Under the first of five pillars under the HPP, Namibia managed to retain the number one spot of the country with freest press in Africa. Moreover, the country has been ranked fifth by Mo Ibrahim among the best governed states on the continent, an improvement from the sixth position that Namibia held last year. During the first phase of HPP, all Ministers, Deputy Ministers and Permanent Secretaries declared their asset and income, an indication that government was committed to transparency. Similarly, all Ministers, Deputy Ministers and Permanent Secretaries signed performance agreement.
The government was able to achieve a 42 per cent debt to Gross Domestic Product Ratio (GDP) against the 37 per cent target of the Harambee Prosperity Plan.
The regional debt to GDP ratio seen as sustainable stands at 60 per cent according to the Southern African Development Community (SADC). During HPP’s first phase, Namibia was able to sign four Memorandum of Understanding (MOU) as a result of investment promotions.
The first phase of Harambee Prosperity Plan saw government train and deploy 1646 community health workers countrywide.
Government also purchased 60 ambulances, with built-in maternal and neo-natal functionality and 70 maternal beds which were distributed to various hospitals nationwide.
So far, there are 159 315 senior citizens that receive the old age pension grant and government has spent N$175million to pay them on a monthly basis. In the agriculture sector, 100 tractors will be distributed during the coming rainy season to provide communal farmers with ploughing services.
In the education sector, 24 937 people enrolled as vocational education trainees (VET) against the HPP target of 16 000. Also, 16 436 is the number of VET trainees receive support for the Namibia Training Authority (NTA).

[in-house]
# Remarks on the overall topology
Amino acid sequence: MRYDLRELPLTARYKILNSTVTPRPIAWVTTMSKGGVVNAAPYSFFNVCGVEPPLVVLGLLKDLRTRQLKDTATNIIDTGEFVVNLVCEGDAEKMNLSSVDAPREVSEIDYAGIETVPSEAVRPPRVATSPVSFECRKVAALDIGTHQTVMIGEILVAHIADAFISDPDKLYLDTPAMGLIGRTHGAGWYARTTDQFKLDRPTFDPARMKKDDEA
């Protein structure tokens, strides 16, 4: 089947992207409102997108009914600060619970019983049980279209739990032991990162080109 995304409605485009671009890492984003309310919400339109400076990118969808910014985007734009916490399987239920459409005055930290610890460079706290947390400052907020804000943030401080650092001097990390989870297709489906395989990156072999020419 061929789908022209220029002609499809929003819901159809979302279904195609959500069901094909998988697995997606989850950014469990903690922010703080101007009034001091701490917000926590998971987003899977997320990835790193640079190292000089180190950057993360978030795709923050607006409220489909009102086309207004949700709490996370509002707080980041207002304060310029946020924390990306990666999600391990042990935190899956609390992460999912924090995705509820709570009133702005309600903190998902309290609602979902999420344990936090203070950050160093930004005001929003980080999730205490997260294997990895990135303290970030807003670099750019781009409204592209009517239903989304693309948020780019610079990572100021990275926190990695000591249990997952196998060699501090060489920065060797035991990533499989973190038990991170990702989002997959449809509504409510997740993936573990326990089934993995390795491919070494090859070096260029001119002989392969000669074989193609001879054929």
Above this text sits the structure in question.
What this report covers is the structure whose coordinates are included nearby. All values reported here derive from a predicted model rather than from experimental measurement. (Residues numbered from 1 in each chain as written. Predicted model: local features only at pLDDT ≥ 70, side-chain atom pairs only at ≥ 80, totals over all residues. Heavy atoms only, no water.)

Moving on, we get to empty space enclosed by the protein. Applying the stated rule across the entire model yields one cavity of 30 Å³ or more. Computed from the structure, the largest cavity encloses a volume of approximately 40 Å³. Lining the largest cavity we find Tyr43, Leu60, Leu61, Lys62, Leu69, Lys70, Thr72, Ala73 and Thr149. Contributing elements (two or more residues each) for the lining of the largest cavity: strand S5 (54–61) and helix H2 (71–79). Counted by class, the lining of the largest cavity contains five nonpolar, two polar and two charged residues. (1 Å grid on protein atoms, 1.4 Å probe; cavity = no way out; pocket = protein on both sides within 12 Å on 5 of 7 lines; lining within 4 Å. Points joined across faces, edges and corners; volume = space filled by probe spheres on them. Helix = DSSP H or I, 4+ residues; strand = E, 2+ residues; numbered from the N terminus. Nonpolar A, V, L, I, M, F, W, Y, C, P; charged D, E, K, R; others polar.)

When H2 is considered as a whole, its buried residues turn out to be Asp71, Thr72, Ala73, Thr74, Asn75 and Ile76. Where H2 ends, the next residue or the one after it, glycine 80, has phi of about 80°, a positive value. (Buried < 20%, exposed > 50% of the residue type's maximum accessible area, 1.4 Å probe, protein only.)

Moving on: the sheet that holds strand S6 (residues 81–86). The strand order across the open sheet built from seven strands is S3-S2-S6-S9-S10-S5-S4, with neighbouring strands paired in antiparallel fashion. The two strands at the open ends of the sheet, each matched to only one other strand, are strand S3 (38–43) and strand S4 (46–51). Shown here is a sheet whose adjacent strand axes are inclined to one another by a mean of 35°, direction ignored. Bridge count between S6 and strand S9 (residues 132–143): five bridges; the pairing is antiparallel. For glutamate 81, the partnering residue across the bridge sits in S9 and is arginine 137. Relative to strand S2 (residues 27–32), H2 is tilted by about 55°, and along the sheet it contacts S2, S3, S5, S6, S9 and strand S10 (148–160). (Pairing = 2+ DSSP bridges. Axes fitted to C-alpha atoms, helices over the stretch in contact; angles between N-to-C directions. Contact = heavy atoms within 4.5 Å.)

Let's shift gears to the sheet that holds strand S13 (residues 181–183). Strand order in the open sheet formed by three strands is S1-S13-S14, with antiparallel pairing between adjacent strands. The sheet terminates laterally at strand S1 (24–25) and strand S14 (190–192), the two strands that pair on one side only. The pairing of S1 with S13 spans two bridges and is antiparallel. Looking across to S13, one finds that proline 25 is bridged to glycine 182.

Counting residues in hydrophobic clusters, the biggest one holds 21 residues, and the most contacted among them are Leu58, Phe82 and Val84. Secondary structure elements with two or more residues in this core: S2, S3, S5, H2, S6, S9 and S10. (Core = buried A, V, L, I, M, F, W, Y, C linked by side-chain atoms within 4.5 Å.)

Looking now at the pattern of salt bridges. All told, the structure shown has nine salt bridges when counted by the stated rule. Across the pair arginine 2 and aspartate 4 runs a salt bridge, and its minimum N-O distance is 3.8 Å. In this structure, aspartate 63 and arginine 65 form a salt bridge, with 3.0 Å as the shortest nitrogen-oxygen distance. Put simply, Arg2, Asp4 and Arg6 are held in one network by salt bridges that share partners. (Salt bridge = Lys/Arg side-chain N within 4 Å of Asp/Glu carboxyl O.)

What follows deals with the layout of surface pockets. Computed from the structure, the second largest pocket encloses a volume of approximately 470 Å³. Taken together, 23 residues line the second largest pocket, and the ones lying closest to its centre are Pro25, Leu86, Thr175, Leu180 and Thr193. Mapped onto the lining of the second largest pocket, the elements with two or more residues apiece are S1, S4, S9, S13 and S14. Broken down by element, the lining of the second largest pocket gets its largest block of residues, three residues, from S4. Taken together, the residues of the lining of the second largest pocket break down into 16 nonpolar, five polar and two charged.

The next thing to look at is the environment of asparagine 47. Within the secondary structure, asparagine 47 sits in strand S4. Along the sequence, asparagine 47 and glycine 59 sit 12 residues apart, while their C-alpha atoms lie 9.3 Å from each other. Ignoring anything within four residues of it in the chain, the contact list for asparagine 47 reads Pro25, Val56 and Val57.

Going further, 1100 people were certified during the first six month of Harambee period which is 900 short of the 2000 that is the annual target.
In addition, 3000 temporary under and unqualified teachers will be trained over the next six years. Currently, 916 temporary under and unqualified teachers are enrolled with the University of Namibia and are expected to graduate in 2017. At this point, 1080 is the number of teacher intake for the 2017 academic year.
In the housing sector, 1681 houses were constructed during the first eight months of Harambee period. Currently, 1500 houses are under construction and are expected to be completed before the year one of the Harambee period.
Also, 2240 plots have been serviced by Central Government so far and another 1624 are currently being serviced. Central government has transferred N$367.9million to local authorities to expedite land service delivery. Moreover, government has spent N$30million to improve sanitation in both //Karas and Hardap regions. On food security, government spent N$300million to purchase drought relieve assistance which benefited 600 000 Namibians.
In the Khomas region alone, 22 345 households receive monthly food parcels. In total, 94 536 individuals benefited from the Food Bank initiative.
To date, N$15million was spent between June and October 2016 to purchase food parcels for the food bank.
In the same vein, 320 000 school learners benefitted from school the school feeding programs at the cost of N$96million.
In the first year of the Harambee period 60 schools were electrified countrywide; six refurbished locomotives were purchased and 90 tankers purchased under the Harambee rail initiative. Furthermore, 106km bitumen roads are to be constructed during the first year of Harambee.
Also, 318 SMEs are partaking in Harambee road construction projects. The Harambee road projects are valued at N$2.1billion and have employed 6227.